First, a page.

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Study: Doctors Need 1,600 Robot-Aided Prostate Surgeries to be Competent

According to researchers, doctors who perform robotic-assisted prostate cancer surgery are not skilled enough to able to remove all the cancer cells until they have done the procedure more than 1,600 times.

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According to Prasanna Sooriakumaran, lead author and urologist, results from a study suggest the operations using Intuitive Surgical Inc.’s da Vinci robot are being performed too often at community hospitals by surgeons without enough experience.

According to the American Society of Clinical Oncology, more than 90,000 men in the U.S. have their prostate gland removed each year because of cancer.

The surgery is typically by doctors who perform 100 or fewer procedures annually, done mainly with robotic technology introduced in 2000 by Sunnyvale, California- based Intuitive Surgical.

Removing Malignant Cells

According to the study, the surgeons needed to perform more than 1,600 operations before they were able to gauge with at least 90 percent accuracy how much tissue surrounding the tumor they needed to remove to get all the malignant cells.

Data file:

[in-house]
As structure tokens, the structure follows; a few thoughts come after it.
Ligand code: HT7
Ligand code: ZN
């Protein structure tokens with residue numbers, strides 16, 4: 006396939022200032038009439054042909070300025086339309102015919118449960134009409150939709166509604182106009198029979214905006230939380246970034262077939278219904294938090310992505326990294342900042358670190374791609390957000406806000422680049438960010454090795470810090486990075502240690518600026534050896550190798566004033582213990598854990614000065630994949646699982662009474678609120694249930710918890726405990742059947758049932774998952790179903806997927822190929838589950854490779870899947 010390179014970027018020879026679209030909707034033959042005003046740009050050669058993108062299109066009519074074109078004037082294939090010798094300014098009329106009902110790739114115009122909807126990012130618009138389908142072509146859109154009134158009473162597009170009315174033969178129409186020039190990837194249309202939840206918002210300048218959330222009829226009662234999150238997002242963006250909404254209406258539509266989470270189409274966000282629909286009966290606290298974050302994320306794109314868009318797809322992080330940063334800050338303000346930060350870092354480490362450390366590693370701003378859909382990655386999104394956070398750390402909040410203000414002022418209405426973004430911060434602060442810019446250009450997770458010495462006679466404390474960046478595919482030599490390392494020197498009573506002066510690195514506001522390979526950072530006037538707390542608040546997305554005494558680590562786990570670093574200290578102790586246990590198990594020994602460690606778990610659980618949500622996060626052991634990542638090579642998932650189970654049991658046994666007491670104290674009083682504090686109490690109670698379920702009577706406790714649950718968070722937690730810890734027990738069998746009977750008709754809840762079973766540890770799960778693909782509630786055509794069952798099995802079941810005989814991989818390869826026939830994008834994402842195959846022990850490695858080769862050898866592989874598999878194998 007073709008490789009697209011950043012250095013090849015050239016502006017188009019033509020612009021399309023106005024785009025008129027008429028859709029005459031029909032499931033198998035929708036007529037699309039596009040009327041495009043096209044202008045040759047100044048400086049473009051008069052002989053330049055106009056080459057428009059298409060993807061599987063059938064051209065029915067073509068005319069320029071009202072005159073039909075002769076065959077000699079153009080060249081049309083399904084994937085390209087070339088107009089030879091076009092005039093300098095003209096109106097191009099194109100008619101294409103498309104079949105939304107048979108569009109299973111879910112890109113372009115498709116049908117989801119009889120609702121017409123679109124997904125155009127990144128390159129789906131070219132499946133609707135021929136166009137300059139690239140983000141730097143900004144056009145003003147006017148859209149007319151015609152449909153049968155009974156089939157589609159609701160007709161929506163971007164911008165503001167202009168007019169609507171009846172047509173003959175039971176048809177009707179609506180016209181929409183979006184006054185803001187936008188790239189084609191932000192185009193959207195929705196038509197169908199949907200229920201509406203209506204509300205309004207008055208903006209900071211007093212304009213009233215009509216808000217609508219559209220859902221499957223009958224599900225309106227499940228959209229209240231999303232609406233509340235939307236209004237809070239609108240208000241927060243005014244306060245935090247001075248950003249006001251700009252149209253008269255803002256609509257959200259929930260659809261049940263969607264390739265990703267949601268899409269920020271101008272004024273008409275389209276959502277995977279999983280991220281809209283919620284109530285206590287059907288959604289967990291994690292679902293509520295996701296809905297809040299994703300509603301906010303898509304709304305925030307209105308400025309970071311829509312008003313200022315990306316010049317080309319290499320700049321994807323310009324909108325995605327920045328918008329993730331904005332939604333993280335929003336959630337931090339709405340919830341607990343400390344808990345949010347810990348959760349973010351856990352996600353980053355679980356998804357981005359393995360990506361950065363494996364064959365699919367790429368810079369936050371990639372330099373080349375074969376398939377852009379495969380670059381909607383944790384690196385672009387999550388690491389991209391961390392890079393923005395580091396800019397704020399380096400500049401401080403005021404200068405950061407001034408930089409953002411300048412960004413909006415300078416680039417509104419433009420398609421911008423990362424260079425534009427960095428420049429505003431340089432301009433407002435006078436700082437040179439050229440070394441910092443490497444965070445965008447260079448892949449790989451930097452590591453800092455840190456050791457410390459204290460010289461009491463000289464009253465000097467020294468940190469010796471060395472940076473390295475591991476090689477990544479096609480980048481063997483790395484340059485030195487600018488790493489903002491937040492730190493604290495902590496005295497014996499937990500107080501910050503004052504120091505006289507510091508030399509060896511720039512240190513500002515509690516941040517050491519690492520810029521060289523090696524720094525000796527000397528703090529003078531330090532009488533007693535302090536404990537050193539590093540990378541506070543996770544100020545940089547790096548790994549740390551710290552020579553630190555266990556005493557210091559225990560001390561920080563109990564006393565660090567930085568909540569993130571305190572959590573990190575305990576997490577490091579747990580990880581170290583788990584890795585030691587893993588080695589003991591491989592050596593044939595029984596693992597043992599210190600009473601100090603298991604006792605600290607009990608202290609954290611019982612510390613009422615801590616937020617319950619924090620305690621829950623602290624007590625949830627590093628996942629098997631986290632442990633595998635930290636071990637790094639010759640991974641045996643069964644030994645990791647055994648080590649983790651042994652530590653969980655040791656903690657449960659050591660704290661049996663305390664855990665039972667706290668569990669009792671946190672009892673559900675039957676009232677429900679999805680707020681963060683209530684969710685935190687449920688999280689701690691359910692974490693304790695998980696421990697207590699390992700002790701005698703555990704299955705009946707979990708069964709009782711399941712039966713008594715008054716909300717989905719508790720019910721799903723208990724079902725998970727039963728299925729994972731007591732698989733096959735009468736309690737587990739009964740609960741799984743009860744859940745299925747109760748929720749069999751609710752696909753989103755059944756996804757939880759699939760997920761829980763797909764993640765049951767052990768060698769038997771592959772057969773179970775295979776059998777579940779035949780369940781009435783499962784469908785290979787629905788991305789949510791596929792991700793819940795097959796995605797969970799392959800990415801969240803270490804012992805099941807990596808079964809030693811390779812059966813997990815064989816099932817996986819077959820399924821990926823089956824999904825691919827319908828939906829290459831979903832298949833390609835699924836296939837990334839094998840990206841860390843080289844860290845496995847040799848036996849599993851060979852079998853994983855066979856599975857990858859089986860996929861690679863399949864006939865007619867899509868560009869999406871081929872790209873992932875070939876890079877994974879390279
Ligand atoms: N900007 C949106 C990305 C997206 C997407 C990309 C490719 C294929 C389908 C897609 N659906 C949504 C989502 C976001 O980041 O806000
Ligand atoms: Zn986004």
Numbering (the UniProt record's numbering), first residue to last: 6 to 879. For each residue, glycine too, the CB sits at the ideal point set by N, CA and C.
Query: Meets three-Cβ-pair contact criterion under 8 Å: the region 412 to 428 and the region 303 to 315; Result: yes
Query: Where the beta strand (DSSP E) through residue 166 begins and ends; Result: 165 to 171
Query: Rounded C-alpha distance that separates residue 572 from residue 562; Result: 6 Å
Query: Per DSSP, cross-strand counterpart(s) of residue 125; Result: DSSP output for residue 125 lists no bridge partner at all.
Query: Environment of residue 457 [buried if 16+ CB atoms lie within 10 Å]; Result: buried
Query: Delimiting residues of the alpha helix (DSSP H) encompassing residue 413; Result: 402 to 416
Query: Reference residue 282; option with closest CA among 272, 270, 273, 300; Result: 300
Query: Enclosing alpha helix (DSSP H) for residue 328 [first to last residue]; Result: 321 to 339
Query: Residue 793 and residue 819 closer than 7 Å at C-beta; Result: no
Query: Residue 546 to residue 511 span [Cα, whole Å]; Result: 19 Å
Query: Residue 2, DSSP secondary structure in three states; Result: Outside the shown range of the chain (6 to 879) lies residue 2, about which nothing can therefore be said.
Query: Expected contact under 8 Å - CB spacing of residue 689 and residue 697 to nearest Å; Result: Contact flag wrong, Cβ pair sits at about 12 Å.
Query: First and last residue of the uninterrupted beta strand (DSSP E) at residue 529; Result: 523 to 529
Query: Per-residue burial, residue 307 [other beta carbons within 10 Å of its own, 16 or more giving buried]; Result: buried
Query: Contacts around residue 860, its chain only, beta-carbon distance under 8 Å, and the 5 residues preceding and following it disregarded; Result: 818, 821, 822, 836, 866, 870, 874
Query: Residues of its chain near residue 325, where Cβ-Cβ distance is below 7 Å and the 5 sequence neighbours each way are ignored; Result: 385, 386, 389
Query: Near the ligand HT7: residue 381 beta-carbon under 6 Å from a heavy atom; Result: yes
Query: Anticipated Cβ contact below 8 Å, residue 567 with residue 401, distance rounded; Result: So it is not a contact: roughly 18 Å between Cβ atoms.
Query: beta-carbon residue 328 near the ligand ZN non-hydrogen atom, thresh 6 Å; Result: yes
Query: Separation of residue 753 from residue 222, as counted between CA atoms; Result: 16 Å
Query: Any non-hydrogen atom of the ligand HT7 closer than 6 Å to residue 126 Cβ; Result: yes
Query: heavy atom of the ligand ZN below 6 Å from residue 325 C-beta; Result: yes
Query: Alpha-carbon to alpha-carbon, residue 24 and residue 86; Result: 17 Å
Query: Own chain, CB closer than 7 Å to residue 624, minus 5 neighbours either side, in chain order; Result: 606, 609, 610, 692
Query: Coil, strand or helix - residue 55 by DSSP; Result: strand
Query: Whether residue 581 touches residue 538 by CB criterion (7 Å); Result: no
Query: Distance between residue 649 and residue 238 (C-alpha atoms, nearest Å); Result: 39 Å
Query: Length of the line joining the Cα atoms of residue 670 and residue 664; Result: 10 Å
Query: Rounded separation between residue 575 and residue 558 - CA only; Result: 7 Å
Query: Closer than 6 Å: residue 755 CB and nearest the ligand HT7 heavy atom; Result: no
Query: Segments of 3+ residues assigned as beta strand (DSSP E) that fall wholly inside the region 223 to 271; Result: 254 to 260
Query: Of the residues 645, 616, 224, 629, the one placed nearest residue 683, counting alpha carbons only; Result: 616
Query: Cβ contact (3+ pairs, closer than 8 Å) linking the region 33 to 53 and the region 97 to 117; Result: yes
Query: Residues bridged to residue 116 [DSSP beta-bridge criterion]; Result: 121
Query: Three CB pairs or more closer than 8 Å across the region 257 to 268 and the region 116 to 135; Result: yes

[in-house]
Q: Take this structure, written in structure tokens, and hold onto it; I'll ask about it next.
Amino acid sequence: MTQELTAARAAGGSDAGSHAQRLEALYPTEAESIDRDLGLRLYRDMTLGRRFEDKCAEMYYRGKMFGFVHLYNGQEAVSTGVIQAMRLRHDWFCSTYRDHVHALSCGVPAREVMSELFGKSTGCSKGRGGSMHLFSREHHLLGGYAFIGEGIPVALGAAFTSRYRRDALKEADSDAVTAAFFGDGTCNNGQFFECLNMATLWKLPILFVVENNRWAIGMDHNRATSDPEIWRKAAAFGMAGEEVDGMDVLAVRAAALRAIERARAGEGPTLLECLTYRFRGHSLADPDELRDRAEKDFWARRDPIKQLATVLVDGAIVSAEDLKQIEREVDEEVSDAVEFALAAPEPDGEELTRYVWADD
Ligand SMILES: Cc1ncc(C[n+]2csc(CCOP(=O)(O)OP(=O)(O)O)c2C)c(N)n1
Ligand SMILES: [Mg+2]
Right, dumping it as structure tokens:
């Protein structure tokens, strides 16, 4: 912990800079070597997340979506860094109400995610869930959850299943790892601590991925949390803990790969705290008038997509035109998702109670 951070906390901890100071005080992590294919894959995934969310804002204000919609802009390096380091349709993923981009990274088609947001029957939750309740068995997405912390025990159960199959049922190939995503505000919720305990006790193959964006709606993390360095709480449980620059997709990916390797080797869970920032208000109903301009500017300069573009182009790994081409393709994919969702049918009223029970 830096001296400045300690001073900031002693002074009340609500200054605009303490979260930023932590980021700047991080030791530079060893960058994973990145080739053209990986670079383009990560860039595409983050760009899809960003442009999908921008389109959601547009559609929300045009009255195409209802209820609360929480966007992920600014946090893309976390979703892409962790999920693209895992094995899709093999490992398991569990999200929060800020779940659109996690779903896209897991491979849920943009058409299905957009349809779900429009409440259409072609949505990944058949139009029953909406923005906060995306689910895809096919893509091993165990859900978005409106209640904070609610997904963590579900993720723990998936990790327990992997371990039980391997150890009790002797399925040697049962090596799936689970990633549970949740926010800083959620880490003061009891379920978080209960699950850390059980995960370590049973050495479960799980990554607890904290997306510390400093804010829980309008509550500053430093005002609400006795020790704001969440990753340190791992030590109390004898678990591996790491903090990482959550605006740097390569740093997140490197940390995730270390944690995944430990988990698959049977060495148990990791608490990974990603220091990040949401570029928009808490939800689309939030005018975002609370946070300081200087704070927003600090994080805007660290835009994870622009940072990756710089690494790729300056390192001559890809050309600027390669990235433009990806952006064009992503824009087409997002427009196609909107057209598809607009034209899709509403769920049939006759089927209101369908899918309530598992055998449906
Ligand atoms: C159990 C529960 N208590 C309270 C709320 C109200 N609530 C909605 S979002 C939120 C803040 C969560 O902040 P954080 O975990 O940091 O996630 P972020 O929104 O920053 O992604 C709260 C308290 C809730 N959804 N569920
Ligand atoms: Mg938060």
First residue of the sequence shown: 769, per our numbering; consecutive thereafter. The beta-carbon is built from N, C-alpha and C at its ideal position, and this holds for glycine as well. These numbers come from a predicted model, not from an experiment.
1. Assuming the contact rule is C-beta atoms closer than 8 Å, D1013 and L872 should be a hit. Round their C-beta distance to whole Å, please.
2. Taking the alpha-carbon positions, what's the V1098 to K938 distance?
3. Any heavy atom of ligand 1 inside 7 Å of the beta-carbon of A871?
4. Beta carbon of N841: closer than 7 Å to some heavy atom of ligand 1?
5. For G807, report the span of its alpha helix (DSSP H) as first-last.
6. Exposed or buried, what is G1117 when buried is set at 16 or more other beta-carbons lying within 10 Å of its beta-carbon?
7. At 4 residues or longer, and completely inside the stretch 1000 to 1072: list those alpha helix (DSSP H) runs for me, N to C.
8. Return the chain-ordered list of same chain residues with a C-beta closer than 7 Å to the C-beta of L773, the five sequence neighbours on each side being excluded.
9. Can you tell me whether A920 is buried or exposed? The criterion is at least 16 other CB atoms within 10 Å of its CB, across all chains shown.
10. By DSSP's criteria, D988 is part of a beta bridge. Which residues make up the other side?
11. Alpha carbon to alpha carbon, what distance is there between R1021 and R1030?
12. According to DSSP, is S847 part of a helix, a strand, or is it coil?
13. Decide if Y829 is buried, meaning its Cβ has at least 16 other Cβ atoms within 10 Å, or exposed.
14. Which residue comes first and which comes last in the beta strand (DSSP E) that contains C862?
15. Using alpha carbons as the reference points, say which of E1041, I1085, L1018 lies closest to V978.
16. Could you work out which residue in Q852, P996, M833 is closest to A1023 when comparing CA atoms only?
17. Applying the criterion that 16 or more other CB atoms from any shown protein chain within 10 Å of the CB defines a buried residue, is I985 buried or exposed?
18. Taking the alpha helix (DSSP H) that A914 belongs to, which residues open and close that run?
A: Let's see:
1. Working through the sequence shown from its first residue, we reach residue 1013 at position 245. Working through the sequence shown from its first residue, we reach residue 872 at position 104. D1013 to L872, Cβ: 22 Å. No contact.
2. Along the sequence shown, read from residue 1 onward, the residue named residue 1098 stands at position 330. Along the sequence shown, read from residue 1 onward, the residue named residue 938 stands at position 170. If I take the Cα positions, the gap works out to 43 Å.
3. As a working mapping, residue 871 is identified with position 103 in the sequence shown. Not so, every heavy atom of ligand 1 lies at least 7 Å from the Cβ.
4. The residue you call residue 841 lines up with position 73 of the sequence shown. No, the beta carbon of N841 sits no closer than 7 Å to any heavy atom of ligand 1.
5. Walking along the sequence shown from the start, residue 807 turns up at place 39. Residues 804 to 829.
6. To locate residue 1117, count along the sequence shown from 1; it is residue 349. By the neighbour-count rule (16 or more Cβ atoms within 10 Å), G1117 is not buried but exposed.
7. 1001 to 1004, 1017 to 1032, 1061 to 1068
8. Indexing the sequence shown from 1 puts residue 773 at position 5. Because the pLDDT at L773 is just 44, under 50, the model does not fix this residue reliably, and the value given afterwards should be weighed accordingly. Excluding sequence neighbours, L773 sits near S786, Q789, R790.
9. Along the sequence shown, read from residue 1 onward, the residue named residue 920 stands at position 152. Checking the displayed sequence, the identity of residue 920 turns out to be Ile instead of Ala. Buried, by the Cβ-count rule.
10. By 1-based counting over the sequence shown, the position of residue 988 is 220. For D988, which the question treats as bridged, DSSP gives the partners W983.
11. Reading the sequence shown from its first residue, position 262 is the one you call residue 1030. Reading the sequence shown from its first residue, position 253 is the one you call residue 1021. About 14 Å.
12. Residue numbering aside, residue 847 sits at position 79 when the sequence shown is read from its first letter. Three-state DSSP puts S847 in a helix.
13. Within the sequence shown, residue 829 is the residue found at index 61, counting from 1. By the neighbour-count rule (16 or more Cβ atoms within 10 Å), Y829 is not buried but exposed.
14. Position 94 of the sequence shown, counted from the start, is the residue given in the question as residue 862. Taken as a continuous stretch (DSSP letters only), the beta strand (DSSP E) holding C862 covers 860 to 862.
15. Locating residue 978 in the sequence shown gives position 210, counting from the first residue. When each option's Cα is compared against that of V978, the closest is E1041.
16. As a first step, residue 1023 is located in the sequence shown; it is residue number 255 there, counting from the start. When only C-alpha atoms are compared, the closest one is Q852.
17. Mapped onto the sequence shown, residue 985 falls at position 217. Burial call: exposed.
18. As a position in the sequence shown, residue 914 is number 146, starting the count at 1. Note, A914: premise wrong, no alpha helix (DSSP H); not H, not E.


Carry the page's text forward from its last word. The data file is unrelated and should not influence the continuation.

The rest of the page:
Leaving stray cancerous cells in the margins, at the edge of the tissue removed during surgery, can lead to recurrences of the disease.

Da Vinci Robotic System

Intuitive Surgical Inc., which manufactures Da Vinci, promotes the robot’s treatment of bladder, colorectal, gynecologic, kidney, prostate and throat cancers, and also marketed for coronary artery disease, endometriosis and obesity.

Da Vinci Lawsuits filed

Lawsuits are being filed, alleging tears and burns to blood vessels, intestines and reproductive organs, complicated by the fact that problems generally aren’t apparent until after surgery, resulting in delayed treatment.